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Arcadia Astrophel and Stella beauty becaws Ben Jonson bliss breast brother cause conceit D1ck dear death defence Defence of Poesy delight desire doth Dudley Duke DUKE OF ANJOU Earl of Leicester ears England Espilus ev'n evil excellent eyes face fair father fault fear fool fynd Gabriel Harvey give grace hath haue hear heart heav'n heav'nly heer honour hope humbli Joseph Warton King knowledge lady learned leave letter light live Lord Lord Dudley Love's Ma"e Majesty matter mind Muse nature never pain philosopher Plato Plutarch poesy poetry poets praise prince Queen reason saith shepherds Sidney's sight Sir Philip Sidney song SONNET soul speak speech Stella sweet thee thereof Therion things thou thought tion tongue true truly truth unto verse virtue vnto W1ll wherein woold words worthy write yowr
Page 92 - I never heard the old song of Percy and Douglas that I found not my heart moved more than with a trumpet...
Page 47 - Love my memory, cherish my friends; their faith to me may assure you they are honest. But above all, govern your will and affections, by the will and Word of your Creator; in me, beholding the end of this world, with all her vanities.
Page 85 - Now therein of all sciences (I speak still of human, and according to the humane conceits) is our poet the monarch. For he doth not only show the way, but giveth so sweet a prospect into the way, as will entice any man to enter into it.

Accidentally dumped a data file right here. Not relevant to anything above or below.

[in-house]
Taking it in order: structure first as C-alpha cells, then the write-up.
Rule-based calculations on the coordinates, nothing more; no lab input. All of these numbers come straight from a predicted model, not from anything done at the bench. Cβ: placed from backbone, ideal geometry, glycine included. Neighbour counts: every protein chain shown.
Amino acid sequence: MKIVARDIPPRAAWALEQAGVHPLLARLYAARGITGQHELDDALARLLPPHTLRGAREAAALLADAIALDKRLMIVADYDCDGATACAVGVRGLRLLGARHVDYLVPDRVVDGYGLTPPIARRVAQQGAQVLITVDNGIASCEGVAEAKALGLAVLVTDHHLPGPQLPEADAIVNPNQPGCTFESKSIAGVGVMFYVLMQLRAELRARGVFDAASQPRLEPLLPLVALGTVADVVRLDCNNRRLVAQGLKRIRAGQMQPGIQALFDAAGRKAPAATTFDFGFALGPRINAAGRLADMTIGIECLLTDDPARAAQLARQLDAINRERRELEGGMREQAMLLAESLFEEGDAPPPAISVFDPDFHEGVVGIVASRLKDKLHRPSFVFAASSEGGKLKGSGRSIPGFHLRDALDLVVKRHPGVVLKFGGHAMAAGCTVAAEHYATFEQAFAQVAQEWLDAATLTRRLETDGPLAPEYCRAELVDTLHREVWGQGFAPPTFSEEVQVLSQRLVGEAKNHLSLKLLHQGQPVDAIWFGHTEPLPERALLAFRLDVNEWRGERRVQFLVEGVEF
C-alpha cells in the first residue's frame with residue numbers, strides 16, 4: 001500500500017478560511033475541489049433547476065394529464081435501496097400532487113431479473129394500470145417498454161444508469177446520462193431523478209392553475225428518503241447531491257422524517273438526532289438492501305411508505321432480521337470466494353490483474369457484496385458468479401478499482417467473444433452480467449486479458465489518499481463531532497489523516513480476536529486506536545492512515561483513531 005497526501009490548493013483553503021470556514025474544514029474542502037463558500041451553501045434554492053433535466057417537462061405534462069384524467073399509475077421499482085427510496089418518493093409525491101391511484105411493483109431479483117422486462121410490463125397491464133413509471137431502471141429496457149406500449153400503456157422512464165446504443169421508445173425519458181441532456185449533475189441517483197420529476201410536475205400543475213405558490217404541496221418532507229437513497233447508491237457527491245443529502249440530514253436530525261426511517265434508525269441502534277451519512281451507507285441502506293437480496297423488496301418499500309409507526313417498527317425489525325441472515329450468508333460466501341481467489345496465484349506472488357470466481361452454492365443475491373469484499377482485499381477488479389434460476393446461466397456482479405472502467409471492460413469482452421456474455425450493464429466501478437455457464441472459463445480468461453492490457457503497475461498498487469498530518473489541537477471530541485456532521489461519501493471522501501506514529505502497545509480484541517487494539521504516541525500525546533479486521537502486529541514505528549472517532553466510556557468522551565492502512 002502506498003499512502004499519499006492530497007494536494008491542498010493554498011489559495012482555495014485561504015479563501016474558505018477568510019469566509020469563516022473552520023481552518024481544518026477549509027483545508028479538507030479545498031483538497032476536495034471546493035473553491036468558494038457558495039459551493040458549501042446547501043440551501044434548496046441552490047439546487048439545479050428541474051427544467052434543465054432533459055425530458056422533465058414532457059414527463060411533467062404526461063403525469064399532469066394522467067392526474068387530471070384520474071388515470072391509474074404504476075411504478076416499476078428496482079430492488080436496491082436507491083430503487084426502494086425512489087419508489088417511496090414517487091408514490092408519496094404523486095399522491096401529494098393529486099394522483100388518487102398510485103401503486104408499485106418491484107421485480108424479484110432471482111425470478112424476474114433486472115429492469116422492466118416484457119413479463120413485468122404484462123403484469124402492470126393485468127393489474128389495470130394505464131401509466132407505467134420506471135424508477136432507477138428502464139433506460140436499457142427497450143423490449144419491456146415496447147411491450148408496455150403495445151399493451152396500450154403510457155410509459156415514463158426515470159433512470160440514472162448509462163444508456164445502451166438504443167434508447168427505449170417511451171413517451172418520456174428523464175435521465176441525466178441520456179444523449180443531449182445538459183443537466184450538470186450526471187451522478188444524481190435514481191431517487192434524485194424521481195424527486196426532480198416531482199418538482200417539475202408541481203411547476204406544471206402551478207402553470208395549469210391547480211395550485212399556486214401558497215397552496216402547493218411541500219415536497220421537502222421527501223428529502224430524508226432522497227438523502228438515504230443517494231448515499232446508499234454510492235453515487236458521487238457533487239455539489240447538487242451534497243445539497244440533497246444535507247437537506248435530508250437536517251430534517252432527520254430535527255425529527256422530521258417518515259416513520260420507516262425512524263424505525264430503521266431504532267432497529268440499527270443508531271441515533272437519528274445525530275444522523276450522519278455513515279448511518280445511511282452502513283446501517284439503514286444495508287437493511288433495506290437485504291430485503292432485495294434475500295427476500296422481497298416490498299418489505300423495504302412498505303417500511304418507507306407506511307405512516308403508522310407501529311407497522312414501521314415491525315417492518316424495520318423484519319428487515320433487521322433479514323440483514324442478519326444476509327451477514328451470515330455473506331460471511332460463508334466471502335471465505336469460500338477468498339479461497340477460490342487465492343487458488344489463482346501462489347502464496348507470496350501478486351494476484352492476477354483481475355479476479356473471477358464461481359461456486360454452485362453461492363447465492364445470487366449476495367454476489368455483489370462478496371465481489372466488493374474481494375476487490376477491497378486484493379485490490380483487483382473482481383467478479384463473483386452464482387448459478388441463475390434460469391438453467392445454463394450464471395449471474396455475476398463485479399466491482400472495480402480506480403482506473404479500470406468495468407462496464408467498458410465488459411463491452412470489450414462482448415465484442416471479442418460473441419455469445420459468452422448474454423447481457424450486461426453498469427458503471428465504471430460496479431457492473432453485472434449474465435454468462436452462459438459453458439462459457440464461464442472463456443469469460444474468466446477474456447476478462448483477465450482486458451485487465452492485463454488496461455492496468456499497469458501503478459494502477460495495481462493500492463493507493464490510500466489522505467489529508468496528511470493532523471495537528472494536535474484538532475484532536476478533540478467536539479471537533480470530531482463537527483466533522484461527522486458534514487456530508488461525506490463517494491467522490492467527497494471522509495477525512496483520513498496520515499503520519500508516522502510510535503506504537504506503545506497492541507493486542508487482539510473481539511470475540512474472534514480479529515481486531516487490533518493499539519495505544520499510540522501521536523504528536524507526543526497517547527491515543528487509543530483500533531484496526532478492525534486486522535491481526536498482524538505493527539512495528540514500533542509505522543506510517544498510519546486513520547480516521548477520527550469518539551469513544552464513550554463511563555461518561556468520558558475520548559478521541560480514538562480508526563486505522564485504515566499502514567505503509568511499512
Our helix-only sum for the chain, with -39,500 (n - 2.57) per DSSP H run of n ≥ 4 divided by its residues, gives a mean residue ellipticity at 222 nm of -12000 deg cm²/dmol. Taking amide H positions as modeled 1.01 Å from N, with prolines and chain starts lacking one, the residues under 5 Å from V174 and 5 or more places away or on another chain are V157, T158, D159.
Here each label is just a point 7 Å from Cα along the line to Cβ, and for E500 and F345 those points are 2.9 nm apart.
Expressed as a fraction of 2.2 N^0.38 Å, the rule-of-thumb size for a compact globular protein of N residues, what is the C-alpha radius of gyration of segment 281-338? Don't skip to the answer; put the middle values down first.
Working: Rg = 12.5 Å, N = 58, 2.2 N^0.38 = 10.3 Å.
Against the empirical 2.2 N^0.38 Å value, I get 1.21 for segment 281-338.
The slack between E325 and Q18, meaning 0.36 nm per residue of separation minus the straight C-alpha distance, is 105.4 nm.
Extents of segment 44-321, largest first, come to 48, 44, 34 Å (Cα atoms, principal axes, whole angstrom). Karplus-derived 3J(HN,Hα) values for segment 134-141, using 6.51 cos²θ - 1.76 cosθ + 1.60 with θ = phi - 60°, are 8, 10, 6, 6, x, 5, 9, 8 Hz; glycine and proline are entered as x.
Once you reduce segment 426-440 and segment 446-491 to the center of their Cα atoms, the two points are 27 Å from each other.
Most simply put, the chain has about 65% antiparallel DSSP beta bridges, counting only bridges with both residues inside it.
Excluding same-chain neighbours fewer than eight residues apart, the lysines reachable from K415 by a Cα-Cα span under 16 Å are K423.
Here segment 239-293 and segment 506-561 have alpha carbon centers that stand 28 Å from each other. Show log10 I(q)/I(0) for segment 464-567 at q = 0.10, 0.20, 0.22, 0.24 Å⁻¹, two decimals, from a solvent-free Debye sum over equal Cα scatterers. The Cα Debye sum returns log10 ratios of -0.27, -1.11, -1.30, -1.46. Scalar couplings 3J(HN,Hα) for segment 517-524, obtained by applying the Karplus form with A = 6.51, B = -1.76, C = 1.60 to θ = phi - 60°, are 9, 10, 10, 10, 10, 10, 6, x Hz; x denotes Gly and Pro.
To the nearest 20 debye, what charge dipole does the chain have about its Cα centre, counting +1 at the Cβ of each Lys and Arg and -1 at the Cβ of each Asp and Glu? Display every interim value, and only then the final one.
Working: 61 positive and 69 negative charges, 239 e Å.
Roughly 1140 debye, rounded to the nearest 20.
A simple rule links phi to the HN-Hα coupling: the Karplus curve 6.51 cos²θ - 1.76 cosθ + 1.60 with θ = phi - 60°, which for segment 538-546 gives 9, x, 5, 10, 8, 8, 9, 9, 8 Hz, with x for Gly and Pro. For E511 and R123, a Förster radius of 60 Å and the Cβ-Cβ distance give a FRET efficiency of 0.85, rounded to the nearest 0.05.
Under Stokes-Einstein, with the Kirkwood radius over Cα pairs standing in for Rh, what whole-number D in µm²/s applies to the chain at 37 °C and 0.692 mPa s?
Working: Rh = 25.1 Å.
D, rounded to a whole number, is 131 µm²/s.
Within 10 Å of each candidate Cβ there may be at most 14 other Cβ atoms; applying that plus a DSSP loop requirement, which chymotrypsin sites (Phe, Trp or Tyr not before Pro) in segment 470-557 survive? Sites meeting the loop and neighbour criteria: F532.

Page 114 - Then we are to blame if we accept it not for a rock. Upon the back of that comes out a hideous monster with fire and smoke, and then the miserable beholders are bound to take it for a cave, while in the meantime two armies fly in, represented with four swords and bucklers, and then what hard heart will not receive it for a pitched field ? Now of time they are much more liberal.
Page 268 - He draweth out the thread of his verbosity finer than the staple of his argument.
Page 72 - ... it is that feigning notable images of virtues, vices, or what else, with that delightful teaching, which must be the right describing note to know a poet by.
Page 127 - That she, dear she, might take some pleasure of my pain, Pleasure might cause her read, reading might make her know, Knowledge might pity win, and pity grace obtain, I sought fit words to paint the blackest face of woe, 5 Studying inventions fine, her wits to entertain, Oft turning others' leaves, to see if thence would flow Some fresh and fruitful showers upon my sunburned brain.
Page 88 - By these therefore examples and reasons, I think it may be manifest, that the poet with that same hand of delight, doth draw the mind more effectually, than any other art doth, and so a conclusion not unfitly...